The Western Sahara’s more than four-decade conflict is also one of the world’s most invisible crises. The territory lies between Morocco, Mauritania and Algeria and its long coastline stretches along the Atlantic Ocean.

Morocco and Mauritania occupied the Western Sahara in 1975 when Spain, the colonial power, reached an agreement allowing the invasion to go forward; Morocco also had the green light and the military support of the US and French governments. Thousands of Sahrawis, including many women and children, fled from the repression that followed and crossed into Algeria, where they were allowed to settle near the town of Tindouf.

Often referred to as Africa’s last colony, Western Sahara was under Spanish colonial rule until 1975, when Spain withdrew from the territory and allowed Morocco and Mauritania to invade.

With Algeria’s support, the anti-colonial movement that had fought to oust Spain, known as the Polisario Front, went to war against Morocco and Mauritania. In 1979 Mauritania withdrew. The war ended in 1991 with a UN-sponsored cease-fire agreement that included the promise of a referendum on self-determination and the return of the refugee population.

With aid from the US and Israel, Morocco built a 2.720 km separation wall, a militarized trench sewn with millions of mines separating the occupied Western Sahara and a portion of the territory controlled by the Polisario – separating Sahrawi family members in the camps from those living under occupation.

The wall, as known as “the berm”, is fortified 2.720km-long, patrolled by 150 thousand Moroccan soldiers and lined with an estimated 7 million landmines, divides Sahrawis living under Moroccan occupation from those exiled in the refugee camps.

Although several UN resolutions have called for the celebration of a referendum, Rabat has persistently refused to allow the vote to take place. At stake are powerful economic and strategic interests that include the territory’s rich natural resources: phosphates, rich fishing waters and the promise of offshore oil.

In November of 2020, after 29 years of cease-fire, Morocco launched a military operation in a buffer zone of Western Sahara near the Mauritanian border to violently break up a peaceful sit-in by Sahrawi civilians who had interrupted traffic to protest an illegally-built road used by Morocco to transport plundered goods from Western Sahara. The cease-fire was shattered, and the armed conflict between Polisario and Morocco resumed. Weeks later, on December 10th, former US President Donald Trump illegally recognized Moroccan sovereignty over Western Sahara — the only country in the world to do so — in exchange for diplomatic normalization between Israel and Morocco as a part of the Abraham Accords.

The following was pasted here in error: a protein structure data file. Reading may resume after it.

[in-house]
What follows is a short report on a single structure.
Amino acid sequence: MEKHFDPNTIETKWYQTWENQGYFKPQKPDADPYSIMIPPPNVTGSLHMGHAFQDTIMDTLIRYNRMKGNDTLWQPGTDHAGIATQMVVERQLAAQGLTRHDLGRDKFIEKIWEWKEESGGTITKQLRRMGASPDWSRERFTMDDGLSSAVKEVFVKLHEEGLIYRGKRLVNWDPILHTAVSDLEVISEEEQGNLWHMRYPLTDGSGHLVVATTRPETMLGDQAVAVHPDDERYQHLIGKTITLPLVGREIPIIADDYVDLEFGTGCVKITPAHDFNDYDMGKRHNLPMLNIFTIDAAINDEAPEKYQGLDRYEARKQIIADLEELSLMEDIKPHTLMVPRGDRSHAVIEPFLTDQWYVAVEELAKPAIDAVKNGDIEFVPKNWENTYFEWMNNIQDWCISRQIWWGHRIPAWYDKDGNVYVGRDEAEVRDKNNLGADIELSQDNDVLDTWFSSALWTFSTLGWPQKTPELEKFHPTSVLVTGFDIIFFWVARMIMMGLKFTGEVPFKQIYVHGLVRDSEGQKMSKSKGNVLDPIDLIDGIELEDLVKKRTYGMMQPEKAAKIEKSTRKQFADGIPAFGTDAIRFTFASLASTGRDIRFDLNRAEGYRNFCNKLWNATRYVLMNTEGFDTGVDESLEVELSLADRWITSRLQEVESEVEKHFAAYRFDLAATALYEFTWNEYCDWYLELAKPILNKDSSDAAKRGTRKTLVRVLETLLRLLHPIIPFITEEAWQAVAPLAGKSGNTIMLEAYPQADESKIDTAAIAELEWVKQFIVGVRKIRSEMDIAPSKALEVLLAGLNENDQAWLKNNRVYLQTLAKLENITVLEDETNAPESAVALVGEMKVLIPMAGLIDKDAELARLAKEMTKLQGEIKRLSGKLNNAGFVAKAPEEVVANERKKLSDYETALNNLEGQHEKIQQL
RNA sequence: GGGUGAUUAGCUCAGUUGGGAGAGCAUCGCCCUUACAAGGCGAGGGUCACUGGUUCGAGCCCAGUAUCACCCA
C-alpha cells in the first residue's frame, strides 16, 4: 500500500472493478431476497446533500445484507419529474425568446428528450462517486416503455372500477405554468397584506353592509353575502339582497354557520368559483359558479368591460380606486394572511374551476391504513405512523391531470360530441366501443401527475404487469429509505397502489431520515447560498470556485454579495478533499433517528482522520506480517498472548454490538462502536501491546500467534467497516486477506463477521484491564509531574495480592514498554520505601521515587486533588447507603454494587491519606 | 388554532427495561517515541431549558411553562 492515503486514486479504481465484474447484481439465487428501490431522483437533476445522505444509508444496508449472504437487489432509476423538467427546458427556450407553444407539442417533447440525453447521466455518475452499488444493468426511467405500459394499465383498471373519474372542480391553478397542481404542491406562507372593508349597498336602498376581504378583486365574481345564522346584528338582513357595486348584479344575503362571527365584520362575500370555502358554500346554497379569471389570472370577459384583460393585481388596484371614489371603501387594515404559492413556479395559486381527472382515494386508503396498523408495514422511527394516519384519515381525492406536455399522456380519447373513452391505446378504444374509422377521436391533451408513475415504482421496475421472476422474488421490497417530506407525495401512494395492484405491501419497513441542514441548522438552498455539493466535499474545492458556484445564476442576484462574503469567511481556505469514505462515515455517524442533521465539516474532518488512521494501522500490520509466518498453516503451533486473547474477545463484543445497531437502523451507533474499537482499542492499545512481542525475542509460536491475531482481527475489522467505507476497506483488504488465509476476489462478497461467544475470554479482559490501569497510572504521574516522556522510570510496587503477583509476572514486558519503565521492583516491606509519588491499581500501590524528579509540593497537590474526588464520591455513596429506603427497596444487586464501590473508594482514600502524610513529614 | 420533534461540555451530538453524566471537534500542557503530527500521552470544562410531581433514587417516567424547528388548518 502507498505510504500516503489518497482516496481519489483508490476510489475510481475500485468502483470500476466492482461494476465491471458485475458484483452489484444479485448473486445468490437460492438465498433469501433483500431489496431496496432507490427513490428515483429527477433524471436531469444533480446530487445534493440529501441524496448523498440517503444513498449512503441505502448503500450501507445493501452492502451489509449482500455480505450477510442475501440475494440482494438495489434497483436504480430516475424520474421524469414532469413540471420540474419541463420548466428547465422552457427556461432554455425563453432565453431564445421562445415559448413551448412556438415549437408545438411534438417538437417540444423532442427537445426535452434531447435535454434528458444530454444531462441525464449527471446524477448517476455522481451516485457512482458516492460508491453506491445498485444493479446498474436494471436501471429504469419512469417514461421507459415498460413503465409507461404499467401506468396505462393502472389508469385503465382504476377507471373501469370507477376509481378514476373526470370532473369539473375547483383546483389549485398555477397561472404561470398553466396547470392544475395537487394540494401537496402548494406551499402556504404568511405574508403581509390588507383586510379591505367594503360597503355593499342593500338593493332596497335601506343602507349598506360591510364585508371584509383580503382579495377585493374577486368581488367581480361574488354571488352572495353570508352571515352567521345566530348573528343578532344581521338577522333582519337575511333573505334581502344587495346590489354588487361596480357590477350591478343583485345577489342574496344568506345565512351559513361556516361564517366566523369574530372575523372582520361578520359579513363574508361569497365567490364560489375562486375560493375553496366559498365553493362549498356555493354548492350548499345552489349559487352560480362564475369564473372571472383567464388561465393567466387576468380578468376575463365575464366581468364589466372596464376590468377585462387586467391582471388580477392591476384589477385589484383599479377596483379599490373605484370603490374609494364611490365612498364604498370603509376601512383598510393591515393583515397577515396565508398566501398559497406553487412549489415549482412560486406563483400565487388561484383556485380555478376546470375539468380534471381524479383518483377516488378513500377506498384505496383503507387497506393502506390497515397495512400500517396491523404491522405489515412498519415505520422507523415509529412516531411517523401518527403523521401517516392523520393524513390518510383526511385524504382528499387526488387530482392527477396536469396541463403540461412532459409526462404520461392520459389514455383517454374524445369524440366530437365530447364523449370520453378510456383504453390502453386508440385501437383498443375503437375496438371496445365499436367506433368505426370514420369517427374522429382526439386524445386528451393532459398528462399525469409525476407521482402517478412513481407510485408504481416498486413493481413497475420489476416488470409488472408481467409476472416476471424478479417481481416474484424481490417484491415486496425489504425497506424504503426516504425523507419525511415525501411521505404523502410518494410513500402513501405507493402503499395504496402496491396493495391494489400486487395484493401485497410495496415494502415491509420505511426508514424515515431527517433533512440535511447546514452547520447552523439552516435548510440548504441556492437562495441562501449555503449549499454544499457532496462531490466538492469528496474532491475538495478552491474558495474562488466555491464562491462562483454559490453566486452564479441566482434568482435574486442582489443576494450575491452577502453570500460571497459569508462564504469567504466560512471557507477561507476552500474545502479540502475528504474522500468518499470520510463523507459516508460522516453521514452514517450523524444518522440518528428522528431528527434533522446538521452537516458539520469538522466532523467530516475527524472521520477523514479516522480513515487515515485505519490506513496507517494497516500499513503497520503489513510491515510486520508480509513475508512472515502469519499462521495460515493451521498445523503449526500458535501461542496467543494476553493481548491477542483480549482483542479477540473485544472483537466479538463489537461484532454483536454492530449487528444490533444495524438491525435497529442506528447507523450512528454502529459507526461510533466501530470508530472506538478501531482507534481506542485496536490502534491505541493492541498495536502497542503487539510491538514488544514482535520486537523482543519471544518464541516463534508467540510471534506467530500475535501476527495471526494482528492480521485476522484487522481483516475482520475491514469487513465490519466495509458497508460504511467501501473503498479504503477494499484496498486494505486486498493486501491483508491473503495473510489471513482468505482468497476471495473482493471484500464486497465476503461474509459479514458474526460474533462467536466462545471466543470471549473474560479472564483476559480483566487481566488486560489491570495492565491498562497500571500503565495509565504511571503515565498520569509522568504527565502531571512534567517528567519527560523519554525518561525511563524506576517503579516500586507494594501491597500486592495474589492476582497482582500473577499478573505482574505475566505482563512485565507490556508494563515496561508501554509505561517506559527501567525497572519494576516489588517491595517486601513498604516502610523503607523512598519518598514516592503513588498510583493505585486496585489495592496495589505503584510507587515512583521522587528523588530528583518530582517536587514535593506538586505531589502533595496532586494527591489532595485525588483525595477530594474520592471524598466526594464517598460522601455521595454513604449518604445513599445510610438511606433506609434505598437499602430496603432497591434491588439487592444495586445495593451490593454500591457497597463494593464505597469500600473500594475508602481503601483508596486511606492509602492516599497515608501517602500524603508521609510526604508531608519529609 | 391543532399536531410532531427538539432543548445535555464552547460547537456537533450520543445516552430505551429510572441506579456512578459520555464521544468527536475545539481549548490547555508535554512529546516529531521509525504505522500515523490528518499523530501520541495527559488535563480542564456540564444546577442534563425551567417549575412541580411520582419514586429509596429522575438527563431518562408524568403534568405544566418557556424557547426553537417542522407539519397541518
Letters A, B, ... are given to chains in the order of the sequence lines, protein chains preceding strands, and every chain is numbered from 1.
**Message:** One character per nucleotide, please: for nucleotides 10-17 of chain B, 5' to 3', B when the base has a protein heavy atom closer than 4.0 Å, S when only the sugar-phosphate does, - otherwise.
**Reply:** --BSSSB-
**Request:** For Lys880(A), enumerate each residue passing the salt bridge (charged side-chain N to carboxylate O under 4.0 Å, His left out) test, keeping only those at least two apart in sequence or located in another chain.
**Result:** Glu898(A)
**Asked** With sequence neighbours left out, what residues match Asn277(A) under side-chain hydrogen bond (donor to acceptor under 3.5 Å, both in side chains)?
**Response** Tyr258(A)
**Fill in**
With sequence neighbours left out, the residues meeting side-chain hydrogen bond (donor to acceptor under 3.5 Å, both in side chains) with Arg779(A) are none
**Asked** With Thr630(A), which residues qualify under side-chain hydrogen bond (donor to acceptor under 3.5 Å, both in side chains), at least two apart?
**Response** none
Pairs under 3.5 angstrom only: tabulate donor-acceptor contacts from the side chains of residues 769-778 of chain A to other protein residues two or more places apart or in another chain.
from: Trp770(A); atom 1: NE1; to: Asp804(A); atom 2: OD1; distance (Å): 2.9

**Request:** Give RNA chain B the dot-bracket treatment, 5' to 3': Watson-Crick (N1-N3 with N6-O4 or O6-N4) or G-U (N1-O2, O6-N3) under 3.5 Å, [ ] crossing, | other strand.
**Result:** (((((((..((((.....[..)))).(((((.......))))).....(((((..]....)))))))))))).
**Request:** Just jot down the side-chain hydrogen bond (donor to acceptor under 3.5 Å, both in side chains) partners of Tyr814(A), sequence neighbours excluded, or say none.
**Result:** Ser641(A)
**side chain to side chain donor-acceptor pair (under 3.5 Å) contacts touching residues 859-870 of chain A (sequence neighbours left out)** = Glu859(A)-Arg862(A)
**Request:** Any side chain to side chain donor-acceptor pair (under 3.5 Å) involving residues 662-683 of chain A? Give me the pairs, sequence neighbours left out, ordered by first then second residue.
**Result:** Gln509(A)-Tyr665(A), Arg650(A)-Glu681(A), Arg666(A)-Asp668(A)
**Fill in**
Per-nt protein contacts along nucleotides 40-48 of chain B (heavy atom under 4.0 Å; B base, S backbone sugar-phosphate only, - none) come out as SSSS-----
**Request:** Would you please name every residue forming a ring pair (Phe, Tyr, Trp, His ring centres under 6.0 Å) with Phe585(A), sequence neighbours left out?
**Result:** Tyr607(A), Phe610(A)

Both the US and France, close political allies of Rabat, have either been reluctant or have directly blocked attempts at the UN Security Council to force Morocco to hold a referendum. This political stalemate means that Sahrawi refugees in the camps, nearing the end of a fourth decade of exile, have no immediate hope of returning to their homeland. Refugees are at particular risk for arrest if they attempt to return to the occupied Western Sahara, while those from the occupied territory who visit the camps are sometimes arrested upon return.

Meanwhile, the Moroccan military occupation of the Western Sahara has become increasingly repressive with the jailing, disappearance and torture of Sahrawi human rights defenders, journalists and pro-independence activists. Reporters without Borders labeled Western Sahara a “news black hole”; international journalists are generally barred from entering and the movements of those who manage to get in are closely monitored and their reporting activities restricted. Most international human rights monitors are barred from the territory, and the UN’s peacekeeping mission to Western Sahara, known as MINURSO, is the only modern UN peacekeeping mission in the world that does not have a human rights mandate.

Sahrawi video activists film demonstrations and repression from rooftops and homes, providing some of the only footage of human rights violations available to the international community.

Morocco leaked part of the content of a letter from the Government of Spain in March 2022 in which Spain varied its historical position on the conflict and endorsed the autonomy plan proposed by Morocco, which clashes head-on with UN resolutions and international law. The decision of the Government of Spain does not have the endorsement of the Council of Ministers and has run into the vote against the entire Parliament, with the exception of the socialist party (PSOE).

The UN continues to support a solution with a “full commitment (of the parties)”, which annuls the unilateral decision of autonomy. Meanwhile, in Europe, the resolution of the appeal filed at the end of 2021 by the European Commission is awaited after in September of that year the European General Court invalidated the commercial and fishing agreements between Morocco and the European Union that affect Western Sahara because of understanding that its signature must be done with the Polisario Front, recognized by the Court as the legitimate representative of the Sahrawi people.